Since the 1980s, the National Foundation for Ectodermal Dysplasias has provided more than $3 million in funding for research studies. Our research impact wouldn’t be possible without dedicated scientists and partners as well as families and individuals who volunteer to participate.
Shape Our Futures With Research
Ectodermal dysplasia can cause a lifetime of challenges. By supporting research, you expand early diagnostics, treatments, pathways toward cures… and hope!Donate to Boost the Cure
Past & Current Research Studies
Learn more about the research that’s helping us classify, diagnose and treat ectodermal dysplasias—and putting us on a path to finding cures.
Ectodermal Dysplasia Classification Studies
Since 2008, researchers around the world have been working to define ectodermal dysplasia and create a classification system. Their findings are now ready!Learn About Classification Research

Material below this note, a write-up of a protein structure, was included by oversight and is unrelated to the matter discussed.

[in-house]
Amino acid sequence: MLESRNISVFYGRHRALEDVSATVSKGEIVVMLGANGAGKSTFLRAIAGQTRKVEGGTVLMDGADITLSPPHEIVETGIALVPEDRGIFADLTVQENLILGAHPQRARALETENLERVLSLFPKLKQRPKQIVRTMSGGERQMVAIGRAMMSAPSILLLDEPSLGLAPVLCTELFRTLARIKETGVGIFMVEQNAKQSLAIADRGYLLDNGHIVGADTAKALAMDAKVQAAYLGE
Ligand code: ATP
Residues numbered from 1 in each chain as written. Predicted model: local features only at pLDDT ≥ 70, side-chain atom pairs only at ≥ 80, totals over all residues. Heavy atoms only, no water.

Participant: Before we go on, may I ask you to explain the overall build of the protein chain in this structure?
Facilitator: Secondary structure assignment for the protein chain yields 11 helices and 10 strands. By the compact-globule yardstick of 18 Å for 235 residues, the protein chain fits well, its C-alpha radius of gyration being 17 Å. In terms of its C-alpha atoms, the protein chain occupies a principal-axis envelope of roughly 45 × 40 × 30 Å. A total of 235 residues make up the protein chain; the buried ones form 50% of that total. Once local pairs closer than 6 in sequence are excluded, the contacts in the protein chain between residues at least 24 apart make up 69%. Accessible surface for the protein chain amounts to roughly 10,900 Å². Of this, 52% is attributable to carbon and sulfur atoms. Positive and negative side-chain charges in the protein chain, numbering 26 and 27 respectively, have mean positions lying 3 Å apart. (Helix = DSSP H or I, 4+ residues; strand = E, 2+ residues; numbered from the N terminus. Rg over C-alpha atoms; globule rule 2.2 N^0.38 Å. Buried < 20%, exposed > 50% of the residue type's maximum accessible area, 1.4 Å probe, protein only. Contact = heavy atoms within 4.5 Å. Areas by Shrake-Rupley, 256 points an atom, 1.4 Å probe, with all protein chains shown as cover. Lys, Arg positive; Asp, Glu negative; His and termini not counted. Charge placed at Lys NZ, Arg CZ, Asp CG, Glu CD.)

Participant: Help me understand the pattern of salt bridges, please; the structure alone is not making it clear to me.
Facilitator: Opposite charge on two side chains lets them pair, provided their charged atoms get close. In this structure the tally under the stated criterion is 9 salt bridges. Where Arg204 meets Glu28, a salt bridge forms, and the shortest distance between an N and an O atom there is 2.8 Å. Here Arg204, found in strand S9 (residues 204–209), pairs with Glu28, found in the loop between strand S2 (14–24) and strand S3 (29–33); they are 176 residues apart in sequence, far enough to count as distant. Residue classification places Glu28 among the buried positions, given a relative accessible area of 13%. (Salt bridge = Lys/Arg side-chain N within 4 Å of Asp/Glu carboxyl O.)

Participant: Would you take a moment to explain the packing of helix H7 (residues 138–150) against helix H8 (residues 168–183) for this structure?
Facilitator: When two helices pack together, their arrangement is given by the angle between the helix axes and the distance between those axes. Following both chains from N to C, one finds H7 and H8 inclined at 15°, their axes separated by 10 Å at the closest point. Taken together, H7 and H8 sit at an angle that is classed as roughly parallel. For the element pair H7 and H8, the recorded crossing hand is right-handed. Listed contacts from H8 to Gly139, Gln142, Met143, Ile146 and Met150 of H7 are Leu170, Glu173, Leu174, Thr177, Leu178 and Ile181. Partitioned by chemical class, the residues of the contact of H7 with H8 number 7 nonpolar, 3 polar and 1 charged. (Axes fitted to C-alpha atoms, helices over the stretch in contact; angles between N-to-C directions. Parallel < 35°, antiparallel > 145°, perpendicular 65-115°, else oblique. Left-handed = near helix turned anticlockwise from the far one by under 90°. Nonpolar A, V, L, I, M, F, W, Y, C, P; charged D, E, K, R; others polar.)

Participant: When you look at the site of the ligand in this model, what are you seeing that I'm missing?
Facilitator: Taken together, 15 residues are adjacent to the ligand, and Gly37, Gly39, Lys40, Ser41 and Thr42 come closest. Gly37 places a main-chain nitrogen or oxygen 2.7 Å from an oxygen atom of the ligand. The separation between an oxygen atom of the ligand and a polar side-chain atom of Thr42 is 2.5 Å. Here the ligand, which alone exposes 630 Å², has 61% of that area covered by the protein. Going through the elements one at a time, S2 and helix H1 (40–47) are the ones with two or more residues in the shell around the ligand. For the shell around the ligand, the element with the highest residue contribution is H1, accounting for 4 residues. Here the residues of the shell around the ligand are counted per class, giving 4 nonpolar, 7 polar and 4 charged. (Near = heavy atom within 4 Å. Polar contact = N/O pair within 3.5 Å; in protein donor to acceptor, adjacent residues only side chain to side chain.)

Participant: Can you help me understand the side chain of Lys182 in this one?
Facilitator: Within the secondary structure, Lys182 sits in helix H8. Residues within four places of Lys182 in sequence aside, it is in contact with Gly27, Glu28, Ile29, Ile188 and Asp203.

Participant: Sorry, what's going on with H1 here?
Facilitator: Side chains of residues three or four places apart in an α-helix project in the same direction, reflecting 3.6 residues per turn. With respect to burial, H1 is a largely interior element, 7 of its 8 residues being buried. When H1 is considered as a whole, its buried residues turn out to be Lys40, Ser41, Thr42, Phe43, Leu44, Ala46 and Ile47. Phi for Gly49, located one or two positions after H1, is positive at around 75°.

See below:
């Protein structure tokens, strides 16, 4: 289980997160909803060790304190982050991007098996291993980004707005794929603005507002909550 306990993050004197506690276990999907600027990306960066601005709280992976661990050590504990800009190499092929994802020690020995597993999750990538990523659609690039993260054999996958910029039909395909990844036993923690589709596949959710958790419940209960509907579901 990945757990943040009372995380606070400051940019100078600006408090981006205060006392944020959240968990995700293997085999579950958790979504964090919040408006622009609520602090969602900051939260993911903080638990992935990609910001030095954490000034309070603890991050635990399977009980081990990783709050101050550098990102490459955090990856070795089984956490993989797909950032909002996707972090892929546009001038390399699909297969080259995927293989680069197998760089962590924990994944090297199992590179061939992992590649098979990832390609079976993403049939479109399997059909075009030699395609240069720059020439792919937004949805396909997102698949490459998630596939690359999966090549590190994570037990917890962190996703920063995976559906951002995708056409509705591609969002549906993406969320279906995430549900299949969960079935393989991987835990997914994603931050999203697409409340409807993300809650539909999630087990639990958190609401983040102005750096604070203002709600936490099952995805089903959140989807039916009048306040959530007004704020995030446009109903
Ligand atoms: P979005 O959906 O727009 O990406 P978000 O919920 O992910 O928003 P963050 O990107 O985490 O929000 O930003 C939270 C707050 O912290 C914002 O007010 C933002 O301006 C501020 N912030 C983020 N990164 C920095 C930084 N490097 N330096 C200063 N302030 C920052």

X-Linked Hypohidrotic Ectodermal Dysplasia Studies
After preliminary studies, a potential in utero XLHED treatment is going to clinical trial. Get up to speed on the latest developments and past work.Learn About XLHED Research
P63 Syndrome Studies
Syndromes like AEC, EEC, ADULT, and limb-mammary are caused by mutations in the p63 gene. Current research is focused on the treatment of related skin erosion and corneal abrasions.
- Ankyloblepharon-Ectodermal Dysplasias-Clefting Syndrome (AEC) Studies
- Ectrodactyly-Ectodermal Dysplasia-Clefting Syndrome (EEC) Studies
Goltz Syndrome Studies
Previous research efforts focused on Goltz syndrome, also known as focal dermal hypoplasia, have helped us better understand diagnosis and causes of short stature.Learn About Goltz Syndrome Research
Type Unknown Studies
In partnership with Baylor College of Medicine, the NFED is working with families without a specific diagnosis to learn more about the genetic roots of ectodermal dysplasias.Learn About Type Unknown Research
Other Active Studies
Participate in a Study
The NFED grants access to patients to researchers investigating a topic related to ectodermal dysplasias.